• Lower fees: Decentralized crypto exchanges function autonomously through self-executing smart contracts. Because they eliminate the need for a middleman, DEXs adopt the same “gas” fee model as the Ethereum blockchain they’re built upon. Typically, DEXs levy modest fees, approximately around 0.3%. While these fees can vary based on network activity, they consistently stay lower than the expenses associated with using centralized counterparts.
  • Diversity: Nowadays the market boasts over 30,000 different cryptocurrencies. Centralized exchanges are selective about the tokens they list, focusing on those with sufficient trading volume, scalability, and robust security measures to ensure both profitability and compliance with regulations. On the other hand, many altcoins find their home exclusively on decentralized exchanges (DEXs), where peer-to-peer transactions can occur without the need for high trading volumes. This opens up broader avenues for digital asset engagement and enhances financial inclusivity.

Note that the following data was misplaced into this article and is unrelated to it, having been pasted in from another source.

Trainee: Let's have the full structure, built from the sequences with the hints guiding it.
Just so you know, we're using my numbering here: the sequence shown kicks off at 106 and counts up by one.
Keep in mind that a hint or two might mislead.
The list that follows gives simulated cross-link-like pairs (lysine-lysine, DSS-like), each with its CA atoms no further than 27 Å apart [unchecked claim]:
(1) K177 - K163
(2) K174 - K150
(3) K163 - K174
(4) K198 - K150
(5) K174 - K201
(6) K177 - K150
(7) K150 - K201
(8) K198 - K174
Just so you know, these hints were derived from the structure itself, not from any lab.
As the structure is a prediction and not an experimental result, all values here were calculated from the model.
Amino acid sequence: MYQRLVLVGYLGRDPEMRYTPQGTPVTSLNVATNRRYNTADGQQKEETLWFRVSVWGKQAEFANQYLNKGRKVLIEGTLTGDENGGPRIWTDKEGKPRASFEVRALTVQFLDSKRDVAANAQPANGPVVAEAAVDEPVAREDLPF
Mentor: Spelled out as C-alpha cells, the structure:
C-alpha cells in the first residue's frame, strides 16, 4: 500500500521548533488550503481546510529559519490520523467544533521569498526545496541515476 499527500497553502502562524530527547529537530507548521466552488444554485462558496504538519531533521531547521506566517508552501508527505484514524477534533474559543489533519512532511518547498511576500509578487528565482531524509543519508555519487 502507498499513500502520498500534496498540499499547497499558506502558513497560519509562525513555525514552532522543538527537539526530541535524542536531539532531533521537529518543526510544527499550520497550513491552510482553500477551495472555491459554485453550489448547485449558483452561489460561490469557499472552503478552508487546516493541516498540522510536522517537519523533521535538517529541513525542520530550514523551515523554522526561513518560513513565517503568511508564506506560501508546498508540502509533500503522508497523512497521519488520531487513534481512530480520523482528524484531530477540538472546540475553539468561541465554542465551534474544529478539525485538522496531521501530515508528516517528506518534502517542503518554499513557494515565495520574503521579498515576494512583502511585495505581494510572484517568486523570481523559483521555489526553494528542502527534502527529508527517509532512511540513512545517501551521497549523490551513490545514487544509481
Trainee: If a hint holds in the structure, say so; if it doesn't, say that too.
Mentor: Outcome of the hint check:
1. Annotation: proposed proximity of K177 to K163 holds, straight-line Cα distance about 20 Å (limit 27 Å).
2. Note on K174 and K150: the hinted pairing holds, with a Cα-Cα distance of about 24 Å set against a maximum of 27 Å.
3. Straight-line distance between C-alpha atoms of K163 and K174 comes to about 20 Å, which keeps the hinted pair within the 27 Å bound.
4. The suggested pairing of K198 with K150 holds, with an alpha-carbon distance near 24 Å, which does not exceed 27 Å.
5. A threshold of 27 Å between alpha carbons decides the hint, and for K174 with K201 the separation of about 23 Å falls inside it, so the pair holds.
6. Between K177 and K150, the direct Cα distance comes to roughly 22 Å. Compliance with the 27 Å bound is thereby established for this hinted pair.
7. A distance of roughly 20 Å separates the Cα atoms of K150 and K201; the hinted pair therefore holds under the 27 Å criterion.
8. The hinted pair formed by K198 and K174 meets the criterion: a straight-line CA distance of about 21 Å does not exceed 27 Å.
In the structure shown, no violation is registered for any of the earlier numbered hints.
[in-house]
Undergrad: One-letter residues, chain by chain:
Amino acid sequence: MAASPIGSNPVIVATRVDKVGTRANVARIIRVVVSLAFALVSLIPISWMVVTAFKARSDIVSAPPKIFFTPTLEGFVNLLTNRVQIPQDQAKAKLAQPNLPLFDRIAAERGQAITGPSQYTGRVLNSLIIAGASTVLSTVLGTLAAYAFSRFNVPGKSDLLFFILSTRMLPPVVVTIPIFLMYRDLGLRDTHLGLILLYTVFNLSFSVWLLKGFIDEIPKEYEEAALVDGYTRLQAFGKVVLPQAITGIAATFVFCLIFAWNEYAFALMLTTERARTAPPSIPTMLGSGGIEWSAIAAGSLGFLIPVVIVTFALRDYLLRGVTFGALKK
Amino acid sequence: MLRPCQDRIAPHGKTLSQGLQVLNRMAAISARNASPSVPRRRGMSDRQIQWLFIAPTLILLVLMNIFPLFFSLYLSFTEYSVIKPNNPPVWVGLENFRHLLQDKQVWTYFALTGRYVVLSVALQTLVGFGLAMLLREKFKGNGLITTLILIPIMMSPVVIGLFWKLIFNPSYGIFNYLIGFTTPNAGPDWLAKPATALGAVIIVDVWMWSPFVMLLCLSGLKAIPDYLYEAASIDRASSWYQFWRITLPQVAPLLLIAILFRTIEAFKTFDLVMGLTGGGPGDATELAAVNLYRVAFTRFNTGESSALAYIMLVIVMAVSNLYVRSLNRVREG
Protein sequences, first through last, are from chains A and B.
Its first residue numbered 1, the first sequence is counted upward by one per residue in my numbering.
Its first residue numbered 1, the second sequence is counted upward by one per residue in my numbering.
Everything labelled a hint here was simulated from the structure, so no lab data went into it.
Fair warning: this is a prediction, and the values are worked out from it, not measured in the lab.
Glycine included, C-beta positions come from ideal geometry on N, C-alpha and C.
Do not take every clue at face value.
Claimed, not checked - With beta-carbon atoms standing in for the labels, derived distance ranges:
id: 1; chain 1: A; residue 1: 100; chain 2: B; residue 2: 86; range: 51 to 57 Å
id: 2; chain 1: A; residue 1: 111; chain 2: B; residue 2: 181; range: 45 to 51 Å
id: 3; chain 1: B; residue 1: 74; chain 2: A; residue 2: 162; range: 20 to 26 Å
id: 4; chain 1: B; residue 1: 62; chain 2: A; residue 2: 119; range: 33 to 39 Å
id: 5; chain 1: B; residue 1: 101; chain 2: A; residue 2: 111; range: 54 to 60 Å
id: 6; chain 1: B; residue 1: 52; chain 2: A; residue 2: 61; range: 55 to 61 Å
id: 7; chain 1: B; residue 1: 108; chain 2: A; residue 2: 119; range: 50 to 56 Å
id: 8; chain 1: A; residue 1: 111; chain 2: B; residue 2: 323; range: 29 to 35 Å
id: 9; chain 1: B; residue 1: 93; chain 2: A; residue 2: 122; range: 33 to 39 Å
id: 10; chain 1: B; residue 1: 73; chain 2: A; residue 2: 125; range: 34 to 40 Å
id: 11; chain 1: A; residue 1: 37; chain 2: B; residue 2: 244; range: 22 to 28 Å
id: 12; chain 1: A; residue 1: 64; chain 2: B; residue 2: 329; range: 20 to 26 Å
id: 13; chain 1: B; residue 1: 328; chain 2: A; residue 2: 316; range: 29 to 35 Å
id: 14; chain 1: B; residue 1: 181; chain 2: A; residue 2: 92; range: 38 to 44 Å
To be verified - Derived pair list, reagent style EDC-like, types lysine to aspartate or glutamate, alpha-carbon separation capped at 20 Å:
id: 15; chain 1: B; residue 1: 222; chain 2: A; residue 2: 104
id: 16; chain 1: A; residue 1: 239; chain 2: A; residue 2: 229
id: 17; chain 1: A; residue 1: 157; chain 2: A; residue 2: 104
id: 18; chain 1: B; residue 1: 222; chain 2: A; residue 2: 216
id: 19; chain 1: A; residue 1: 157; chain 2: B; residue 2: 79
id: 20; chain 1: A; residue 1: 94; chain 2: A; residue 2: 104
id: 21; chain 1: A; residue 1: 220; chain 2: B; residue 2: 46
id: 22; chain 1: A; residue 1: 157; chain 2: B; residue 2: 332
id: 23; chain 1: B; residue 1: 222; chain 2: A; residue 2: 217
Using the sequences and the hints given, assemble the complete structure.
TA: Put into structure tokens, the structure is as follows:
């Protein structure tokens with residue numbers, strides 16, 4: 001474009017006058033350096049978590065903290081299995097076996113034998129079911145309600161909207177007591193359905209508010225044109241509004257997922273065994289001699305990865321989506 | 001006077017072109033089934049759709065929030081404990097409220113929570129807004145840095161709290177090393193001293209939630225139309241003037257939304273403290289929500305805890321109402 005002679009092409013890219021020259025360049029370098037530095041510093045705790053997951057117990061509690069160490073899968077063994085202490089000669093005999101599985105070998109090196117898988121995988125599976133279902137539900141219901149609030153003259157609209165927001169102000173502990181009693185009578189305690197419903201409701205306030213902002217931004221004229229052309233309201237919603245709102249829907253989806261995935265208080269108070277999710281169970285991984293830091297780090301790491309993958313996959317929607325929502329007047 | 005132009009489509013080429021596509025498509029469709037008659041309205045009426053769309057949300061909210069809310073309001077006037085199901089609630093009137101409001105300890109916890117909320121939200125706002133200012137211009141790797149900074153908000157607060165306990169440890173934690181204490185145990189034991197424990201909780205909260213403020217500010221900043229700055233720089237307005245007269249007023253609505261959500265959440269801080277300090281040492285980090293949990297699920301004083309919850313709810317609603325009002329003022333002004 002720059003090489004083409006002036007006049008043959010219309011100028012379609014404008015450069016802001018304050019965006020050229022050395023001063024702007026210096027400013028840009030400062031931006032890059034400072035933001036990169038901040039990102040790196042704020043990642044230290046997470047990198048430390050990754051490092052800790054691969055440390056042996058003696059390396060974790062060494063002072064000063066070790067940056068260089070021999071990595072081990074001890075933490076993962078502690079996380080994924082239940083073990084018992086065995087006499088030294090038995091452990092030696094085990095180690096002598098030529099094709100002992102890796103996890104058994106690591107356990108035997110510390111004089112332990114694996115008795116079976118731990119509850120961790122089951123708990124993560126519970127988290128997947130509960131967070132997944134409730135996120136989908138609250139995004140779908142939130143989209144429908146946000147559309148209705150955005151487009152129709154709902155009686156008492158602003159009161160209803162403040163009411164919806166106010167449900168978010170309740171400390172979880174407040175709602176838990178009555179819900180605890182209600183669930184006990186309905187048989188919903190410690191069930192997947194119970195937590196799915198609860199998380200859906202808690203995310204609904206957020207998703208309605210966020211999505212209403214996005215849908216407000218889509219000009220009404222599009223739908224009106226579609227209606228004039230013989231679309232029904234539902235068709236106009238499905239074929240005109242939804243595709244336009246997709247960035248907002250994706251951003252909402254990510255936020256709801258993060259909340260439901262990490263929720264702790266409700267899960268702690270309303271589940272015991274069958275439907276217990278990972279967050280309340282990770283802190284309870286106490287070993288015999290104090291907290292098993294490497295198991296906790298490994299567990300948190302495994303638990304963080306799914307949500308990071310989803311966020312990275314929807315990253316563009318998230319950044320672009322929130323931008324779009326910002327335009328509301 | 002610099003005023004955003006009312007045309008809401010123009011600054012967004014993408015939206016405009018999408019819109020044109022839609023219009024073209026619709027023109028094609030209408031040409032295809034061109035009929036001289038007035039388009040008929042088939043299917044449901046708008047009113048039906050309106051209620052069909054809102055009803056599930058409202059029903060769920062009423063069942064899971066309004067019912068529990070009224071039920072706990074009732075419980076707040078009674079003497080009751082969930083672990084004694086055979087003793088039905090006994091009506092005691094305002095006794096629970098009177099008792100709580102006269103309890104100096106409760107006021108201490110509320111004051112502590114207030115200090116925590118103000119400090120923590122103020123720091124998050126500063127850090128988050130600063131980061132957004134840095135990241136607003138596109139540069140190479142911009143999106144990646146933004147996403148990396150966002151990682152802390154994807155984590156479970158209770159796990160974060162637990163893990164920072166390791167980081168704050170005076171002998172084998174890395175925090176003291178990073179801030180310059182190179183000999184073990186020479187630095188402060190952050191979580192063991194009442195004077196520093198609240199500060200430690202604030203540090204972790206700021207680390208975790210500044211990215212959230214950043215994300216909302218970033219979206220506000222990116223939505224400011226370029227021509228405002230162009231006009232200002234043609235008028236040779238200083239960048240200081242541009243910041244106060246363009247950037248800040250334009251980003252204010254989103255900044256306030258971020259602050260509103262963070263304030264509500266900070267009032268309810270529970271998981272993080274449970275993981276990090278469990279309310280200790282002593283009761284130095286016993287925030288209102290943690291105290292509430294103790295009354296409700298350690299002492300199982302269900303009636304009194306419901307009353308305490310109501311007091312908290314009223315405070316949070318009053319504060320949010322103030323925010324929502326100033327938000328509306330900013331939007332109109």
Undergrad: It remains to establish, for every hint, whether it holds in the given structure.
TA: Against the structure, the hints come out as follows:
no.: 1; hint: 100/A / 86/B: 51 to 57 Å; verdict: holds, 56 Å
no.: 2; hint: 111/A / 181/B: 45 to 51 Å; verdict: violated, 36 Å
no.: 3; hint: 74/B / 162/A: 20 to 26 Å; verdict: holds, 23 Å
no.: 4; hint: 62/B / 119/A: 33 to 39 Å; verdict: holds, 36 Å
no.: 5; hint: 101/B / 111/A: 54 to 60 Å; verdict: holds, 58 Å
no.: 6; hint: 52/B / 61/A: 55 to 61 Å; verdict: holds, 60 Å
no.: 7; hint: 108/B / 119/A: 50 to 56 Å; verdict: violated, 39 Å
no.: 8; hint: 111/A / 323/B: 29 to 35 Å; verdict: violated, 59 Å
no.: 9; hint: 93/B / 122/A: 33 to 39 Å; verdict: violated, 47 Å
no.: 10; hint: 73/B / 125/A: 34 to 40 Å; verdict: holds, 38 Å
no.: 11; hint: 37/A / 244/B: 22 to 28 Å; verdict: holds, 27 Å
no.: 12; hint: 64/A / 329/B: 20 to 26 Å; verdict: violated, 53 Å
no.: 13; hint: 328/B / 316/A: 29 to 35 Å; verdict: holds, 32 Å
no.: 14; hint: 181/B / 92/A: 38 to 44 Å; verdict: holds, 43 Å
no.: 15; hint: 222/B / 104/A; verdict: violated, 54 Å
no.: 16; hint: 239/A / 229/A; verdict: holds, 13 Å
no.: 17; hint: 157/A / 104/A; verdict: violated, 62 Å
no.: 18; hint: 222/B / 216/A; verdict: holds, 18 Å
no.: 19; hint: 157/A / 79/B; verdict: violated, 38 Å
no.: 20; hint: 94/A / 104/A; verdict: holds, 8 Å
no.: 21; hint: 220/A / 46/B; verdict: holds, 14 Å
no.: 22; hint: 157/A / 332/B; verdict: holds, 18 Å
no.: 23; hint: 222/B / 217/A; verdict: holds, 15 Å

• Scalability: One of the most significant issues with DEXs, especially those built on Ethereum, is scalability. During times of high demand, the network can become congested, leading to slower transactions and sky-high gas fees.
  • Not so friendly user interface: DEXs can be a maze for newcomers. The user interface is often less intuitive than centralized exchanges, making it challenging for those who aren’t tech-savvy. This steep learning curve can deter potential users.
  • Liquidity: While DEXs have come a long way, they still lag behind centralized exchanges in terms of liquidity. This can result in higher slippage and less favorable trading conditions, especially for less popular tokens.